If you cannot wait, read on. To decide what model to get, you can do what I do: take your current needs, add 20%-30% head room for 3+ years growth and go from there. To assess your current needs, take your most demanding use of your computers: audio/video creation, large movie or audio libraries, etc. and figure out how much storage you use and how fast it is growing. Unfortunately, my laptop drive is packed with full bit-rate audio ripped from my CD collection, so it made more sense to join iTunes Match than to buy a 64GB model. (For the $100 difference* I can pay for 4 years of iTunes match and have all my ~140GB of music in reach.) However, since I discovered AppAdvice.com’s AppsGoneFree, my application footprint on my iPhone has gone from 2–3GBs to just over 10GB in about 6 months. So, it looks like the 32GB model will be my buy-in point. However if it wasn’t for the apps, there are now WiFi friendly portable Hard drives that can add additional video or audio storage as long as you have a WiFi connection. (Coincidentally, the WiFi Drive nullifies the need for any storage expansion slots.)
Speaking of networking, let’s look at 4G LTE and AT&T vs. Verizon. I am not a cheapskate (or else I would probably only be using the triple-boot PC I built myself 5 years ago), but I am frugal. I realize that if I buy into a carrier by chosing either the Verizon or the AT&T model, they have the leverage and can hike prices leaving me with no recourse. So I will forego the 4G LTE models entirely, get the WiFi only model and then purchase a hotspot so I can use all my iDevices and my laptop anywhere there is coverage. T-Mobile offers a no contract month-to-month 5GB/$50 hotspot plan, but I have not checked how their coverage is in my region nor their data rate and latency. But that’s what suits me.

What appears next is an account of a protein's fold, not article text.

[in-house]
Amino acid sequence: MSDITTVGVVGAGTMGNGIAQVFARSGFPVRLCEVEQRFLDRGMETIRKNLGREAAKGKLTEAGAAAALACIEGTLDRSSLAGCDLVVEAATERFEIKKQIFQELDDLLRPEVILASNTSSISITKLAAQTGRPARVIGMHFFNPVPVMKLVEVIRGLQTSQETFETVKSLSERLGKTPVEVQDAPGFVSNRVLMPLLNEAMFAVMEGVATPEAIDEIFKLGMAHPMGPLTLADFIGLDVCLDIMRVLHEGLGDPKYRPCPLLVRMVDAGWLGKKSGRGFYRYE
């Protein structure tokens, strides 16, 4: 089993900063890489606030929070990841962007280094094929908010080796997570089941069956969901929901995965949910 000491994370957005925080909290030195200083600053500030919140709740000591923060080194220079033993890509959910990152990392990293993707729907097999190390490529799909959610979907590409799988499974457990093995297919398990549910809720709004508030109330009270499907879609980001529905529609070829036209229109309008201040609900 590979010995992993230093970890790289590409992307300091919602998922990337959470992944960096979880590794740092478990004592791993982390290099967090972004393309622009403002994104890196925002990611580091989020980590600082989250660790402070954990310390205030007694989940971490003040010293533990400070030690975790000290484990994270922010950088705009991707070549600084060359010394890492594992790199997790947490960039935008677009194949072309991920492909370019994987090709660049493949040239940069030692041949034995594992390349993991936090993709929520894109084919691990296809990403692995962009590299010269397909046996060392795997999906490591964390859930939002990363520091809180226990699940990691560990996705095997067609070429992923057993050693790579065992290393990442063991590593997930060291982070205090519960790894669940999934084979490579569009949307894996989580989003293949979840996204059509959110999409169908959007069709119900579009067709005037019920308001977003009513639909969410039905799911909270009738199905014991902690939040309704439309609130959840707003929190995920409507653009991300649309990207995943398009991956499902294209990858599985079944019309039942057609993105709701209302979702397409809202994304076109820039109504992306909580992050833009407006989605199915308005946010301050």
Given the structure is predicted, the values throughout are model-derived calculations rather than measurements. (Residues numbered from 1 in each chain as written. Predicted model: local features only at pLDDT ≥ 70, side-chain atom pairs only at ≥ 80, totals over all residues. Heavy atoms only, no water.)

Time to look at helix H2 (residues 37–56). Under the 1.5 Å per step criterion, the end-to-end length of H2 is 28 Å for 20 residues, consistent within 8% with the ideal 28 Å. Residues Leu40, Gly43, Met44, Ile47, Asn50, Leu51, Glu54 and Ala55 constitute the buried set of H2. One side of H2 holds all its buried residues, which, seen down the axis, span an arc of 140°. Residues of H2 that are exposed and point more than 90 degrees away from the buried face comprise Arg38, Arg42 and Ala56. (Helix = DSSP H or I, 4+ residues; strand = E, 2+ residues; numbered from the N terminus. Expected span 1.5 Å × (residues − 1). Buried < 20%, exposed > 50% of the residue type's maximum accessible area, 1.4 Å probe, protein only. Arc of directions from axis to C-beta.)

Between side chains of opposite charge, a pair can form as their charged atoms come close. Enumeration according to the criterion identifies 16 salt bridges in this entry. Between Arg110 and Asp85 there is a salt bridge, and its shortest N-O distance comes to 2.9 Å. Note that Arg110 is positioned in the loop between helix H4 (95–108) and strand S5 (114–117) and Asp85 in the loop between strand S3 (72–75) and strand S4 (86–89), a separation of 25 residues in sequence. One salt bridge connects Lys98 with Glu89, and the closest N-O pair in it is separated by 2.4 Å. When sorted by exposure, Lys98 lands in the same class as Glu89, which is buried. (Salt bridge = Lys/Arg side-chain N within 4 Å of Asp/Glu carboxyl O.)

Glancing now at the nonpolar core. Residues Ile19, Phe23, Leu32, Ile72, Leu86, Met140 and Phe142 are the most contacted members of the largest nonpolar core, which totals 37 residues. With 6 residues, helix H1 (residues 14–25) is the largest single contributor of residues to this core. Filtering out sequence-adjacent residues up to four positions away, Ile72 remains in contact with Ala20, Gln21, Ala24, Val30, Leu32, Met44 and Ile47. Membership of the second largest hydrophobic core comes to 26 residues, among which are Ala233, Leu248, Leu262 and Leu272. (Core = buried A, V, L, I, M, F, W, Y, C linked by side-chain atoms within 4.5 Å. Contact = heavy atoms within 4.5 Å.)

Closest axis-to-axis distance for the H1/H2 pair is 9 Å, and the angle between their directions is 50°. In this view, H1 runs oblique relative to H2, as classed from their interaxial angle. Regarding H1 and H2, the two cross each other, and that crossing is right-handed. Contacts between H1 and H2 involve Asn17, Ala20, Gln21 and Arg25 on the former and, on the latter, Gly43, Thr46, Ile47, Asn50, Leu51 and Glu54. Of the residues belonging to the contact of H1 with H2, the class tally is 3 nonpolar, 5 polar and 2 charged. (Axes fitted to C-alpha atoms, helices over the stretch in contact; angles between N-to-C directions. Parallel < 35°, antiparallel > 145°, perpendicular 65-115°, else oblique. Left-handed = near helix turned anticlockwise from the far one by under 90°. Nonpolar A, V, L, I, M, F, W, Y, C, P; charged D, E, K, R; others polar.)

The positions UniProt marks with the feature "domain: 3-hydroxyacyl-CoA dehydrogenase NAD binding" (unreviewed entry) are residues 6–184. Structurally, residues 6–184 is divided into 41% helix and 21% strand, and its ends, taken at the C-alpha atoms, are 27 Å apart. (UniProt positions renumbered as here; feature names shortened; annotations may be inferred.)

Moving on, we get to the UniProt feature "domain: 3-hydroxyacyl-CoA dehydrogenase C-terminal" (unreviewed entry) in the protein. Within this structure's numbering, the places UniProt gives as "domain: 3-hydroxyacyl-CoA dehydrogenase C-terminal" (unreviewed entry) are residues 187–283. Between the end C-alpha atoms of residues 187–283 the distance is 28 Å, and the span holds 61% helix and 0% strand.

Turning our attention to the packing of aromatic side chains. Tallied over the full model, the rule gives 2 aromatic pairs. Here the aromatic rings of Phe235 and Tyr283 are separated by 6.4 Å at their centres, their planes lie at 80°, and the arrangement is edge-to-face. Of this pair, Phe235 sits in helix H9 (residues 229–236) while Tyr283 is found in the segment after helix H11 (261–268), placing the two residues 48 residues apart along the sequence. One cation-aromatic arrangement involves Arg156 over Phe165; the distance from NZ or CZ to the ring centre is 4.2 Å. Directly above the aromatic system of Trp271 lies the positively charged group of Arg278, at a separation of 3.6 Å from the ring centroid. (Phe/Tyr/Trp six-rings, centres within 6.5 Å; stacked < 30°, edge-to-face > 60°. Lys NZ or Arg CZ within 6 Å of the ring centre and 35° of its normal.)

If you want simplicity, have a small media collection and will probably not download a ton of apps—even if they are free—then you might be better served with a less expensive model. If you are just using your computer for email, web browsing, music and video streaming at home and have no interest in content creation, faster 3D games, full 1080p streaming to your TV via a third generation AppleTV, or a higher resolution display, then an iPad2 might suit you until you discover other uses. $400 for an entry-level—yet still snappy—iPad2 is fine. It’s still a good machine.
Also, I realize I am biased when it comes to iOS/OS X. I have been using Macs since the 128K Macintosh. My loyalty is not to Apple, but the most reliable and time-efficient platform. In every company I have worked for I noticed the Windows machines required around thrice the support resources, no matter how responsive and proactive the IT department. If you are a true gearhead like some of my friends, want to be able to hack freely and can solve technical glitches yourself, then stick with Android and Linux. I hear that the new Android 4.0 ICS is pretty good. But if you want to save money in the long run, the upfront costs are the least of your considerations. That’s why I recommend iPads to first time tablet buyers.